Avoid squabbles with your neighbor: practice good fence etiquette. There are plenty of interesting dynamics between people who share property lines — sometimes you like your neighbors and sometimes you don’t. But you can help prevent disagreements when you build and maintain a quality fence … and observe some considerations beforehand.
Don’t Surprise Them
If your neighbor comes home from work one day and suddenly there’s a fence between your property and theirs, they’re not going to feel very good about their relationship with you. They may wonder why you decided to put up your fence and why you didn’t notify them in advance.
You can avoid any awkwardness and hopefully any disagreement over property boundaries when you discuss your plans with your neighbor before you begin to build. It’s better to be transparent and address their concerns now, rather than later, after the fence is already up.
Respect Boundary Lines
Even if your neighbor doesn’t seem to care about the exact location of your new fence, it’s more than good fence etiquette to pay attention to plot lines, and it’s good for you legally too. If your neighbor decides they don’t like the fence, you won’t have much recourse if it’s built on their property.
Build a Legal, Permitted Fence
“Good fences make good neighbors” is soundly true statement. If you’re investing time, effort and money to build a fence, make it a good fence. Make sure it’s built according to local code and your homeowners association’s regulations, if applicable. You don’t want your neighbors calling the town or the HOA office to complain. Observe height, color and material restrictions, and you’ll save yourself plenty of headaches going forward.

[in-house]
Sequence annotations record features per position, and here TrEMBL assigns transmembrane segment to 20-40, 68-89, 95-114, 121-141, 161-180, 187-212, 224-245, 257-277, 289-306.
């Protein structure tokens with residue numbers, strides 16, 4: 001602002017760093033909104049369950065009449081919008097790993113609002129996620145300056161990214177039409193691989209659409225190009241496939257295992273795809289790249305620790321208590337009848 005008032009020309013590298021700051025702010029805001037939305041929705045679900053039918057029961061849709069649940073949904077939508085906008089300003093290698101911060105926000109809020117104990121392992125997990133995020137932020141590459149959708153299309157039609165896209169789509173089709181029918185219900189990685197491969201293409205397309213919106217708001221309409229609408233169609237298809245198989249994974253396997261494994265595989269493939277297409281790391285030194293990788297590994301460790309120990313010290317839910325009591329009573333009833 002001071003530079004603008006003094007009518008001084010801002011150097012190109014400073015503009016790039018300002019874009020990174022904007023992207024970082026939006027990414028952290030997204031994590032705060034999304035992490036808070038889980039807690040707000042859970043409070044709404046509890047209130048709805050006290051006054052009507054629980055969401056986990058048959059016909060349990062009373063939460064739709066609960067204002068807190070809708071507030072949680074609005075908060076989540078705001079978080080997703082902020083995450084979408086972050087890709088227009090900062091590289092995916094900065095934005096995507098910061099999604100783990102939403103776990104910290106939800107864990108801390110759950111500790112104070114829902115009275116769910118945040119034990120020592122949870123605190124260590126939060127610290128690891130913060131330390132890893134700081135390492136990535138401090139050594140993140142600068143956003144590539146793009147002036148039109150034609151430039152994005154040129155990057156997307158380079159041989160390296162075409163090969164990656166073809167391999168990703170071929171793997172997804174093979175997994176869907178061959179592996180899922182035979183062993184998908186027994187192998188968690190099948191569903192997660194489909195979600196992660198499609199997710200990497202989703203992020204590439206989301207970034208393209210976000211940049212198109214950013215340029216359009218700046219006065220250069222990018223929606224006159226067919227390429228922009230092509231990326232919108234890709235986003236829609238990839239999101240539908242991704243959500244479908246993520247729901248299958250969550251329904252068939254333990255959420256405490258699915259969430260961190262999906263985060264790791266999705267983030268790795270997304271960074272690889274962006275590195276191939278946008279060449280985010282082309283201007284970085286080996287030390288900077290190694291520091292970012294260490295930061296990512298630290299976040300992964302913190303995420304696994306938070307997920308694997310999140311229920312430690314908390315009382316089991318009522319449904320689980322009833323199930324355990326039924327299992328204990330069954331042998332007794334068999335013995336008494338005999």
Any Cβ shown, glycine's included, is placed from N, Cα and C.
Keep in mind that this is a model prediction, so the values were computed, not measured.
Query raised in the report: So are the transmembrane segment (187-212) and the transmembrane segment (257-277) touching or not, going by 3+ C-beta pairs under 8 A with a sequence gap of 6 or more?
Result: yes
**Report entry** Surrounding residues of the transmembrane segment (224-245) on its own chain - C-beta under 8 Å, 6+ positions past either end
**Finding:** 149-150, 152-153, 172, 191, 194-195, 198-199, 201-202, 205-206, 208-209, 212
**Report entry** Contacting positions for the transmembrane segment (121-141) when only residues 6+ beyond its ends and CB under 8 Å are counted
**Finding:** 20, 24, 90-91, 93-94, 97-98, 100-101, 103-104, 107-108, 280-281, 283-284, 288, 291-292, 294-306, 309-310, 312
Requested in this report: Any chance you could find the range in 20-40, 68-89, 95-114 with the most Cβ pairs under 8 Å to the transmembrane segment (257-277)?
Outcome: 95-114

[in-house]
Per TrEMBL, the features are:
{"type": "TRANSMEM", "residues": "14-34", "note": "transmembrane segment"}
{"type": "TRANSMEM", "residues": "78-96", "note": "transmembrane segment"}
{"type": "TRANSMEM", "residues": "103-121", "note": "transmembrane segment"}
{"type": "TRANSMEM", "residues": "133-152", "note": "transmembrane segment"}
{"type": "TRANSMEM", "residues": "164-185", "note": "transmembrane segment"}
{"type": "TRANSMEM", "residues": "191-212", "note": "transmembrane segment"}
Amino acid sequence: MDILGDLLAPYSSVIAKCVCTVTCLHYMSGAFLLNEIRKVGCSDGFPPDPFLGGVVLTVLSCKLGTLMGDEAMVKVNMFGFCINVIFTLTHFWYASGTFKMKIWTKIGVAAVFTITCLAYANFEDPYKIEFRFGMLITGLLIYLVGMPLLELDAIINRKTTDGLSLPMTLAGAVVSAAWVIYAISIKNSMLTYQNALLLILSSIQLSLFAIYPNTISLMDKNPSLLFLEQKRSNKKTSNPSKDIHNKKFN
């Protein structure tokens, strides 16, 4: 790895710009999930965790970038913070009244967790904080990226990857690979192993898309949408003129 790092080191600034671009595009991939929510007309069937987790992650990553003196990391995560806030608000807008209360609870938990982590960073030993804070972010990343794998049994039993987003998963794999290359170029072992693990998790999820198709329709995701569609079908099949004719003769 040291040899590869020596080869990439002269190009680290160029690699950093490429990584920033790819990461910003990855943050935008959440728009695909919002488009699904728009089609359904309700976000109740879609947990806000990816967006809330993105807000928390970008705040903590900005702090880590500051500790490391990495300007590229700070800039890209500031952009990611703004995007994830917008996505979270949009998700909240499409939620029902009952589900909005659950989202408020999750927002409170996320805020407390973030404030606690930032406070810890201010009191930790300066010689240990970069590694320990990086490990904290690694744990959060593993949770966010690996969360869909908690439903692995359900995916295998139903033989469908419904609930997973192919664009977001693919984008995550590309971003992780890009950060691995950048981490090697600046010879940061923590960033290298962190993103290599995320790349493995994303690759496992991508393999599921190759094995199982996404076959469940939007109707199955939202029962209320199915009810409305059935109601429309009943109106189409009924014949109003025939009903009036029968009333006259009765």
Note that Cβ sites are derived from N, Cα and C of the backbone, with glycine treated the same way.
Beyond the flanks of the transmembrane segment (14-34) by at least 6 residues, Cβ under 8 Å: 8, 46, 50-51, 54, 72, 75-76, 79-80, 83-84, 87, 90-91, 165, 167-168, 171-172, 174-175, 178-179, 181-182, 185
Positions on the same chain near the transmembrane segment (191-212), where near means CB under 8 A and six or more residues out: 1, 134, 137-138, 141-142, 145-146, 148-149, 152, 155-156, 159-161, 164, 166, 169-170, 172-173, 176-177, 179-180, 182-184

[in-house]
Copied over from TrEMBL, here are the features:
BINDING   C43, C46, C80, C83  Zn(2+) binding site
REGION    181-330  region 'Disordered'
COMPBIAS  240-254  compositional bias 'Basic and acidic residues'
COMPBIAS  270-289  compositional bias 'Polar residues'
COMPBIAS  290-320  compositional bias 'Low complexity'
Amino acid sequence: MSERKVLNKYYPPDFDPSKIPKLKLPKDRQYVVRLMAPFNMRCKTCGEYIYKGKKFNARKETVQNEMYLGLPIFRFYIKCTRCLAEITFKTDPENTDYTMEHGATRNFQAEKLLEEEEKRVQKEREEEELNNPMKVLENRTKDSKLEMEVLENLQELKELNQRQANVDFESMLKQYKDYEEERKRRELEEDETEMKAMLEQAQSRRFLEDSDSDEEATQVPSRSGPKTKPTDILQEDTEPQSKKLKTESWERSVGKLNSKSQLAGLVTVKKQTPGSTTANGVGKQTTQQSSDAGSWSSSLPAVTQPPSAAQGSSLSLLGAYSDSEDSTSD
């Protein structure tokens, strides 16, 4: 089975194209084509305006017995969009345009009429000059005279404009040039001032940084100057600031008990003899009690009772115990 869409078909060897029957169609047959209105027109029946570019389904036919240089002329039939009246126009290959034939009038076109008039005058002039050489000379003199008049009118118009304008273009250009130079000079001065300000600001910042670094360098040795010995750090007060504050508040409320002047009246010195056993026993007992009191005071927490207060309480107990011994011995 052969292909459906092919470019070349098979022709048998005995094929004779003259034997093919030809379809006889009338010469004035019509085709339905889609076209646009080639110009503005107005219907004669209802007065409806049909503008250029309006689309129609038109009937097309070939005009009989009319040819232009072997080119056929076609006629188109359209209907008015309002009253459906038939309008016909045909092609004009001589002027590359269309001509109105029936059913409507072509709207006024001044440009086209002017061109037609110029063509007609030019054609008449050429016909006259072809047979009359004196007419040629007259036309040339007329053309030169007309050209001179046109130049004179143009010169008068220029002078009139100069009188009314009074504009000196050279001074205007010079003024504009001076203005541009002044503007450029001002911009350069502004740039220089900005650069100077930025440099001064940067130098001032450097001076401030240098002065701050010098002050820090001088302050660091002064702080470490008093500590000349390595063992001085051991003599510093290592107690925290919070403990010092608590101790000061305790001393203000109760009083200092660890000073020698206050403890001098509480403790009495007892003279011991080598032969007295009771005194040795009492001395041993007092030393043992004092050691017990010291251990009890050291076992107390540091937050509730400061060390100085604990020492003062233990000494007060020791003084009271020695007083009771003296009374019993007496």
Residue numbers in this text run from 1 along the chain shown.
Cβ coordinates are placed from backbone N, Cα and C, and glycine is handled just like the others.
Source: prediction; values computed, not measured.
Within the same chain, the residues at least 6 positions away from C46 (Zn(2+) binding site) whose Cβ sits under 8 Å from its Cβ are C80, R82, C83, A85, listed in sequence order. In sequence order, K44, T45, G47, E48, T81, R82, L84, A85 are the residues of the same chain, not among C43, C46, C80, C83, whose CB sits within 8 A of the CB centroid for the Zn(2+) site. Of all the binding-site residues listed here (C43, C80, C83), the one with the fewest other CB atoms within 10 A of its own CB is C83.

Finished Side Goes Outward
It’s good fence etiquette to place the finished side facing outward. Many homeowners think “I’m buying it — I should get the good side!” but in reality, it won’t look good if you build it this way. Not only is placing the rail side inwards polite, it’s in keeping with the norm. You can find fences that look the same on both sides if you’d like to find another solution.
Take Care of It
If you’re the one building it, it’s your job to maintain both sides. Your neighbor has no obligation to clean or repair fencing, even if it sits directly on the property line. Your neighborly fence etiquette should include regular fence maintenance and immediate repairs to any leaning or broken areas.
Utah Fence Warehouse has plenty of tips, tricks, guidelines and advice for homeowners looking for answers to questions about fence etiquette, and any other fencing topic. Contact us today for solutions!
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